Lesson number five in Yale history professor Timothy Snyder's On Tyranny: Twenty Lessons From the Twentieth Century is "Remember Professional Ethics." Snyder writes, "When political leaders set a negative example, professional commitment to just practice becomes more important."
Few people have ever accused Hollywood of having "professional ethics." Long gone are the days when Dalton Trumbo would write a patriotic paean like Thirty Seconds Over Tokyo and then get hauled in front of the House Un-American Activities Committee for his troubles, or where John Sturges could condemn Japanese internment with Bad Day at Black Rock, or where Dustin Hoffman and Robert Redford could star in All the President's Men and make it one of the biggest movies of the year. Nope, these days it's all $100 million toy commercials and fascist dreck like 13 Hours: The Secret Soldiers of Benghazi. Do successful filmmakers have a duty to the Republic? Don't make Michael Bay laugh into his Porsche collection.
This is why, even if The Post wasn't a rip roaring great movie, it would still be a remarkable presence in the theaters of 2018. At age 71, with an estimated net worth of $3 billion, Steven Spielberg didn't have to make this movie. Producer Amy Pascal, former head of Sony, didn't have to pony up for a script by struggling screenwriter Liz Hannah about Katharine Graham, the legendary publisher of the Washington Post in the Watergate era. Who in their right mind would do such a thing when My Little Pony is just hanging there, ripe for transformation into a cinematic universe?
Maybe they did it because The Post is the movie that needs to be made right now. Maybe that's the same reason Meryl Streep and Tom Hanks signed on, as Graham and Post editor Ben Bradlee, respectively.
- Tom Hanks and Meryl Streep lead a star-studded cast in The Post, Steven Spielberg’s remarkable new film about the release of the Pentagon Papers
Hanks has another potential reason: He's an obsessive typewriter collector, and the newsrooms of 1971 would be like Candyland for him. Dial-up phone fans will also be in heaven for the 116-minute running time. So will political junkies and actual patriots who value the First Amendment, the separation of powers, and representative democracy.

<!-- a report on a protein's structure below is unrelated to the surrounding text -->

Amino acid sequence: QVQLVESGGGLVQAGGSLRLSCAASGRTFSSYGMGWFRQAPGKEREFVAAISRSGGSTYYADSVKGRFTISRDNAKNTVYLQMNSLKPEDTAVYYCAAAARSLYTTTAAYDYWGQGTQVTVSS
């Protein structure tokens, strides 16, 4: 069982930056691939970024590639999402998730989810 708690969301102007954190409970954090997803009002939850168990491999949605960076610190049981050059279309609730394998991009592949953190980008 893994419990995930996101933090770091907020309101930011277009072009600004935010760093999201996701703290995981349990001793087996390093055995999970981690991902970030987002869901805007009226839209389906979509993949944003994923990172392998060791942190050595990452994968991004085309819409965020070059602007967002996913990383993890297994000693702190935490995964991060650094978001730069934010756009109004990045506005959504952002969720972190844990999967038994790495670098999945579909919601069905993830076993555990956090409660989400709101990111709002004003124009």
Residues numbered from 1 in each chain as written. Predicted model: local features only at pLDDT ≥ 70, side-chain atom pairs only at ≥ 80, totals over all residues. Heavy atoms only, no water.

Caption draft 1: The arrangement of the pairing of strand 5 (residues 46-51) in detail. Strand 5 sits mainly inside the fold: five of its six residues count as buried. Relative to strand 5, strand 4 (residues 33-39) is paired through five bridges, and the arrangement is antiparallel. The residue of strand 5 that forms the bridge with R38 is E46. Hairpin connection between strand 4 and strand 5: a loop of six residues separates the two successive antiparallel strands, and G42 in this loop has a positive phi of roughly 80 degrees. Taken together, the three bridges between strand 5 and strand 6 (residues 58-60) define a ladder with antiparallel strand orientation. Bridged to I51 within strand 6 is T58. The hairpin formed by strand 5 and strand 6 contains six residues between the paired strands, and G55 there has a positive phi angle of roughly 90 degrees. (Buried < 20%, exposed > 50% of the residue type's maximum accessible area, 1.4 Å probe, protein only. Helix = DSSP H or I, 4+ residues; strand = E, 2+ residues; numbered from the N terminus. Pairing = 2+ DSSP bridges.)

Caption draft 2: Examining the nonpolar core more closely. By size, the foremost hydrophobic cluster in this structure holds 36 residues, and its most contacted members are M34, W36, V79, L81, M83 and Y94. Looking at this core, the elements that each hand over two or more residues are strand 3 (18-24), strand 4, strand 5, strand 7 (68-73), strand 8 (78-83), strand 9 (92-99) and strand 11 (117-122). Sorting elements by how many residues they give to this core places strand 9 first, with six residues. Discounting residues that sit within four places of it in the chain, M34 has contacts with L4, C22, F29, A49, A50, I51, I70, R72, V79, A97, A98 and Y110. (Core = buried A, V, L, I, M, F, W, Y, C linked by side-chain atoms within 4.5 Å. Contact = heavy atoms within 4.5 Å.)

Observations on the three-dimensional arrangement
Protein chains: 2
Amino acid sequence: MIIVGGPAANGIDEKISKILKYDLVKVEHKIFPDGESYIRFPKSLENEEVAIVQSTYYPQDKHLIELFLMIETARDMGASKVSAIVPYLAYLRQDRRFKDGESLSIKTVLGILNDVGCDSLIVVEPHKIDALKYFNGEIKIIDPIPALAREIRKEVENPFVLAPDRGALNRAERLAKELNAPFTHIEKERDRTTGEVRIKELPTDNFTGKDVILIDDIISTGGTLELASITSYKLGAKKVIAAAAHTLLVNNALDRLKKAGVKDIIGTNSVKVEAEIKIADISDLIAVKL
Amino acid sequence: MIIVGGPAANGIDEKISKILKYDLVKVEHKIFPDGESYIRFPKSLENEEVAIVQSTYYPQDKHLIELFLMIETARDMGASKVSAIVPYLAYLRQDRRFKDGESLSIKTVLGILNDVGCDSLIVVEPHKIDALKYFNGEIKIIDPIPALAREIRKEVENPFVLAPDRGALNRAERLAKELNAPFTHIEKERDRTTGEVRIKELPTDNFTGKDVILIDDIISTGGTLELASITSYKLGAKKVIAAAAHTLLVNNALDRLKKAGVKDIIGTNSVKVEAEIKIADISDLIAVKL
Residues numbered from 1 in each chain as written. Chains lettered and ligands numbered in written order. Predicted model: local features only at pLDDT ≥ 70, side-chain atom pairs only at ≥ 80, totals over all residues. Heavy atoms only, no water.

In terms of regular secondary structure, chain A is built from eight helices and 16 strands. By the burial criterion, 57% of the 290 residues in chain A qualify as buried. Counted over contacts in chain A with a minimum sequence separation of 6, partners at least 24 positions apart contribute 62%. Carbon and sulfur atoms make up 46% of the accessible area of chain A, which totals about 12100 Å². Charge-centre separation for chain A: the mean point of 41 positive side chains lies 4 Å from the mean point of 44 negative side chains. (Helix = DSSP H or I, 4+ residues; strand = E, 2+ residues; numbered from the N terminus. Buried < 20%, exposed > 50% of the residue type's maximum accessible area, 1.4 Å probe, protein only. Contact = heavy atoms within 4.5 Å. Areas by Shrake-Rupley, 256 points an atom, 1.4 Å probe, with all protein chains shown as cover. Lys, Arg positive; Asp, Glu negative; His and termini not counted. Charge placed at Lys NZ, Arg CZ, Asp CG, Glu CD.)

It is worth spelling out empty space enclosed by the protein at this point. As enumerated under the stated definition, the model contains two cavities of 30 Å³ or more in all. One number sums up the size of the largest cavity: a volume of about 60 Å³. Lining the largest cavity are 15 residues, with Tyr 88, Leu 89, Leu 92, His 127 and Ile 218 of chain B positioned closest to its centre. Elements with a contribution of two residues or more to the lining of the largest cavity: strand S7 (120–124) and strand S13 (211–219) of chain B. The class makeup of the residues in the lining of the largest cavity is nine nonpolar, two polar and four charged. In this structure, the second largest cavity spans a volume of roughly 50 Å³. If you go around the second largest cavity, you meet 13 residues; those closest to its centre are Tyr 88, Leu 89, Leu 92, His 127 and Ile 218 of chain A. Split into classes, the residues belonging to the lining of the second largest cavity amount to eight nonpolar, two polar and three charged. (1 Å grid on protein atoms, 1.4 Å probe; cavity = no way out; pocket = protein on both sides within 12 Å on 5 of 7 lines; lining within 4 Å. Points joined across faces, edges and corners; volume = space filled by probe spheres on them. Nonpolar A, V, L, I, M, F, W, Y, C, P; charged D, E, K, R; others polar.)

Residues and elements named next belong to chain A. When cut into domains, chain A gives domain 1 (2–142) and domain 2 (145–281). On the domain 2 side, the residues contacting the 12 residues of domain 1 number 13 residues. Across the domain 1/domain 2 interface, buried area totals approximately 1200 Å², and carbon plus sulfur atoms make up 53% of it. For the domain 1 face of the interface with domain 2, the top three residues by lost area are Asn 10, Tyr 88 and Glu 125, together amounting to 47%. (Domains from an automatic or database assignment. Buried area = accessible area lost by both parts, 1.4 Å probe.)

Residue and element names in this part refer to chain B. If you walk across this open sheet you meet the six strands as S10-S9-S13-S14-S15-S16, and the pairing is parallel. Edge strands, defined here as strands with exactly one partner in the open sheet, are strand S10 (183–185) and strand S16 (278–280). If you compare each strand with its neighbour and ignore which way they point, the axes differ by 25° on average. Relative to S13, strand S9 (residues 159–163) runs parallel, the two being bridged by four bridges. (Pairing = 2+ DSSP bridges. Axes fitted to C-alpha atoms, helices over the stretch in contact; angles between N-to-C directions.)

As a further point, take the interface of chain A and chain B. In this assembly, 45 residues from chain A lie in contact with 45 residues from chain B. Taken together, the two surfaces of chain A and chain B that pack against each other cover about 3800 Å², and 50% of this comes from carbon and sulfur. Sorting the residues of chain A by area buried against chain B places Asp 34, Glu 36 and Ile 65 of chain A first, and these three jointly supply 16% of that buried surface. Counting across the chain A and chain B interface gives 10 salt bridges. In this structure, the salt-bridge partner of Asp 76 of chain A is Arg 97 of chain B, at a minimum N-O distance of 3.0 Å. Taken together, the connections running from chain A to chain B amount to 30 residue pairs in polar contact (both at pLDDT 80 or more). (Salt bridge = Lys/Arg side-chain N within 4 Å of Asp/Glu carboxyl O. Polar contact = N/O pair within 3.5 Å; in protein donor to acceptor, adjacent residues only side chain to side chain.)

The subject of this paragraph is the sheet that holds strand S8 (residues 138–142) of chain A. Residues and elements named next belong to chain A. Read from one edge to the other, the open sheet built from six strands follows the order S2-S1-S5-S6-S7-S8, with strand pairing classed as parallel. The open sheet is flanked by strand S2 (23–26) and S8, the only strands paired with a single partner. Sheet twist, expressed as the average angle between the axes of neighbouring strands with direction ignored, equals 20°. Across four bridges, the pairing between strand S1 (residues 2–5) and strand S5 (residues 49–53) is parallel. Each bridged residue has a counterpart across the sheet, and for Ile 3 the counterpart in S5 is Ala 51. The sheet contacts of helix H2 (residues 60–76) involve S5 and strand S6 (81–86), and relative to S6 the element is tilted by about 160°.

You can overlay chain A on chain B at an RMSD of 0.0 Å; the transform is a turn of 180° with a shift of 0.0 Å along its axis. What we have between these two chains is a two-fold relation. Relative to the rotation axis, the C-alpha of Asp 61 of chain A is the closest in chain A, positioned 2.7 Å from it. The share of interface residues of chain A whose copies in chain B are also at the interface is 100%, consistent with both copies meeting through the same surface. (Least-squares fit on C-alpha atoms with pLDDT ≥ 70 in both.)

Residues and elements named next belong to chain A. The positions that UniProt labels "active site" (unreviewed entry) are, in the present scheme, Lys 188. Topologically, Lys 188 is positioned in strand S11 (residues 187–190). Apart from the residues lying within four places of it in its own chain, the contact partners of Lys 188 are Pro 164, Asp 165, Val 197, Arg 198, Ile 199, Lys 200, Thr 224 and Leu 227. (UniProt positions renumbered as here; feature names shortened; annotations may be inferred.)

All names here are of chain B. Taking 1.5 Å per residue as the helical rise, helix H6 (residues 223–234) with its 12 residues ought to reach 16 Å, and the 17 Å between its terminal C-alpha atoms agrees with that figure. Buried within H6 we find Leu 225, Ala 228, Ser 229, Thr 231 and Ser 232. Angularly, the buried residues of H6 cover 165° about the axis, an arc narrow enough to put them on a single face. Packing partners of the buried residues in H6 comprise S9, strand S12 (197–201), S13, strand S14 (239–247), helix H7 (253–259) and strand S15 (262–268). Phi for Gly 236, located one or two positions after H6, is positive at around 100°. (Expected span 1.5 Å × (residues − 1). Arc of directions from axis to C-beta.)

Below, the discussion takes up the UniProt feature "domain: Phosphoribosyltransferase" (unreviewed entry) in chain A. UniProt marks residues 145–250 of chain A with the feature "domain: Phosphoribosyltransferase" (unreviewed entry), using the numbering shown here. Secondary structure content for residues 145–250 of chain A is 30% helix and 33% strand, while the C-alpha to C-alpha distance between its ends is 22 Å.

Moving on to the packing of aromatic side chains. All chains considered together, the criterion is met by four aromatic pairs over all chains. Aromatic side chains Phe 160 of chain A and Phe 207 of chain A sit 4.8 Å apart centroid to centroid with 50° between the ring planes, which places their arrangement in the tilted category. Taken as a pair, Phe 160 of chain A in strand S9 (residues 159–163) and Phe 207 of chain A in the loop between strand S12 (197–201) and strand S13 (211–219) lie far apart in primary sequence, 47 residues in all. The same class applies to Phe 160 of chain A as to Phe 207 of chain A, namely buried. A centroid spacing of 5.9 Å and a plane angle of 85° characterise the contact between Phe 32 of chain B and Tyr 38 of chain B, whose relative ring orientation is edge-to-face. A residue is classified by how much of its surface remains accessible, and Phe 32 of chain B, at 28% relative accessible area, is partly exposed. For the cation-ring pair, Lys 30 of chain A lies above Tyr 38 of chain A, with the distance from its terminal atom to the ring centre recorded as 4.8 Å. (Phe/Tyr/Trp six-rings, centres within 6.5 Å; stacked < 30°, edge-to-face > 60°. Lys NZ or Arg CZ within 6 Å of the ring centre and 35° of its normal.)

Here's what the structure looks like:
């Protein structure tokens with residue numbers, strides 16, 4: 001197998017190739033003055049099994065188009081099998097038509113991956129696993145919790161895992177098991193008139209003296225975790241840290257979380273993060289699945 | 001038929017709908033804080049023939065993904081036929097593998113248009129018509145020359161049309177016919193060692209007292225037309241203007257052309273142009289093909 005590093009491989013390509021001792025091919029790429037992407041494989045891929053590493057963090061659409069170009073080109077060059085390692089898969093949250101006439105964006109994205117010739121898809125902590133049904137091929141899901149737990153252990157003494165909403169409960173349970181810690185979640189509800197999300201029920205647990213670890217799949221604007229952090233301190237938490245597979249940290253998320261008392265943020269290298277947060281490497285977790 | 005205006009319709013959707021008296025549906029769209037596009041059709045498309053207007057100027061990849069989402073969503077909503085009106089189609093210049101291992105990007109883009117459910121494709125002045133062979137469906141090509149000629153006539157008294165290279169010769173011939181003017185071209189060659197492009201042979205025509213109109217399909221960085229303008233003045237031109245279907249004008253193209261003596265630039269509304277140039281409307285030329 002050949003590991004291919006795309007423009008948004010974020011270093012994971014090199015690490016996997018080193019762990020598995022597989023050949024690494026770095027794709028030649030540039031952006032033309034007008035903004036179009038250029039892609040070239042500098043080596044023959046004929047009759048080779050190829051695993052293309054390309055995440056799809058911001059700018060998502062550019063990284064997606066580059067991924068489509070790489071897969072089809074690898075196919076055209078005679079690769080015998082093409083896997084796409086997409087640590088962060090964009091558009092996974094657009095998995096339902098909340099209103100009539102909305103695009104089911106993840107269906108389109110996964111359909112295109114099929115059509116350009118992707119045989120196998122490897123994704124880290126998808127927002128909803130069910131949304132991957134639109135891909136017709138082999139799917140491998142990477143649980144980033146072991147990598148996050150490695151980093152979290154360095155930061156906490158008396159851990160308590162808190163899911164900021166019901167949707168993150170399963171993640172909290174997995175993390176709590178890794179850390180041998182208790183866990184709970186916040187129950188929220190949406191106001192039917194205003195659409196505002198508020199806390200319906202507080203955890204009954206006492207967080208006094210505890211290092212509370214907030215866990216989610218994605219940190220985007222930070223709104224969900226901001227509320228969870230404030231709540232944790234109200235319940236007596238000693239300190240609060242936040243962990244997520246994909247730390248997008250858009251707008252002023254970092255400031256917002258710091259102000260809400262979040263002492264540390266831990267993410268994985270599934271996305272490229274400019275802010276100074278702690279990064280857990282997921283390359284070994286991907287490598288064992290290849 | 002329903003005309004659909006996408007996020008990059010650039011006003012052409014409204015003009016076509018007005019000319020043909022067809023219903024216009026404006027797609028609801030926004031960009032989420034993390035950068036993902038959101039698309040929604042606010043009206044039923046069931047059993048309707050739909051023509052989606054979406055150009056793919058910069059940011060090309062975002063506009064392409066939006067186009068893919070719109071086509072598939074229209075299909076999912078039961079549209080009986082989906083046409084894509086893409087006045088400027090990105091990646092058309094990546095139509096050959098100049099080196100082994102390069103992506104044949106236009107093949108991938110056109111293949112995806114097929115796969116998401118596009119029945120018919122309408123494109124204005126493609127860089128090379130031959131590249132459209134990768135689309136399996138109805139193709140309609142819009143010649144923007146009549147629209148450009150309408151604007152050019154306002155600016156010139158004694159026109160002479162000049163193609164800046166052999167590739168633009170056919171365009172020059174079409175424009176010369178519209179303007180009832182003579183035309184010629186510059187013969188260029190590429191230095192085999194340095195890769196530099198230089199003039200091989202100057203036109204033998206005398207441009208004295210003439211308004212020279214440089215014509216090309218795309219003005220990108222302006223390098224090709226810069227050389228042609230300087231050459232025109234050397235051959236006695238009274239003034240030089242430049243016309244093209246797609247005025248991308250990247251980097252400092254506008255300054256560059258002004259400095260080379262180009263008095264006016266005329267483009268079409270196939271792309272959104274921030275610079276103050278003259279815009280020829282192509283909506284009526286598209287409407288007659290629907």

If you're a fan of good film craft — as all right-thinking people should be — you will flip for The Post. Spielberg may be the best steward of old-school film grammar we have left, and all of the classic virtues are on display. The Post tells the story of the 1971 release of the Pentagon Papers, which explained in great detail that former Secretary of Defense Robert McNamara (Bruce Greenwood) and the U.S. Government knew that the Vietnam War was unwinnable as early as 1965, a full decade and tens of thousands of casualties before it ignominiously ended. It is that most dreaded of script genres: People talking in rooms without brandishing guns. The practice of journalism is mostly people on telephones, or as film producers call it, slow box office death. There probably aren't five people on the planet who could have pulled off this story with the same excitement and urgency as Spielberg. What most contemporary directors would take five cuts to accomplish, he can do with a focus pull, such as when Bradlee crashes Graham's birthday party with urgent clandestine news, and Spielberg meticulously reveals McNamara, the one person who can't know what's going on, in the crowd. The director is in complete control of where your eyes are focused on the screen at all times, and it feels great, not intrusive or forced. Information is revealed at exactly the right pace, and dense exposition flows like drawn butter.Hanks leads a murderer's row of contemporary acting talent that includes Sarah Paulson as Bradlee's wife Tony, Bob Odenkirk as reporter Ben Bagdikian, Matthew Rhys as leaker Daniel Ellsberg, Jesse Plemons as Post lawyer Roger Clark, and David Cross as reporter Howard Simons. But it's Streep who shines brightest. Graham starts the film as a socialite and dilettante as interested in rubbing elbows with the rich and powerful as she is in running a paper. By the end, she walks determinedly out of the Supreme Court to be greeted by a silent phalanx of young women looking to her example of powerful, patriotic womanhood. Streep's arc is one of the most finely shaded and complex of her storied career. The Post pursues the personal, the political, and professional spheres of life all at once, and its story of putting duty to country and humanity over personal loyalty and professional advancement couldn't be more timely. I hope this group of artists' example is seen far and wide in our troubled country.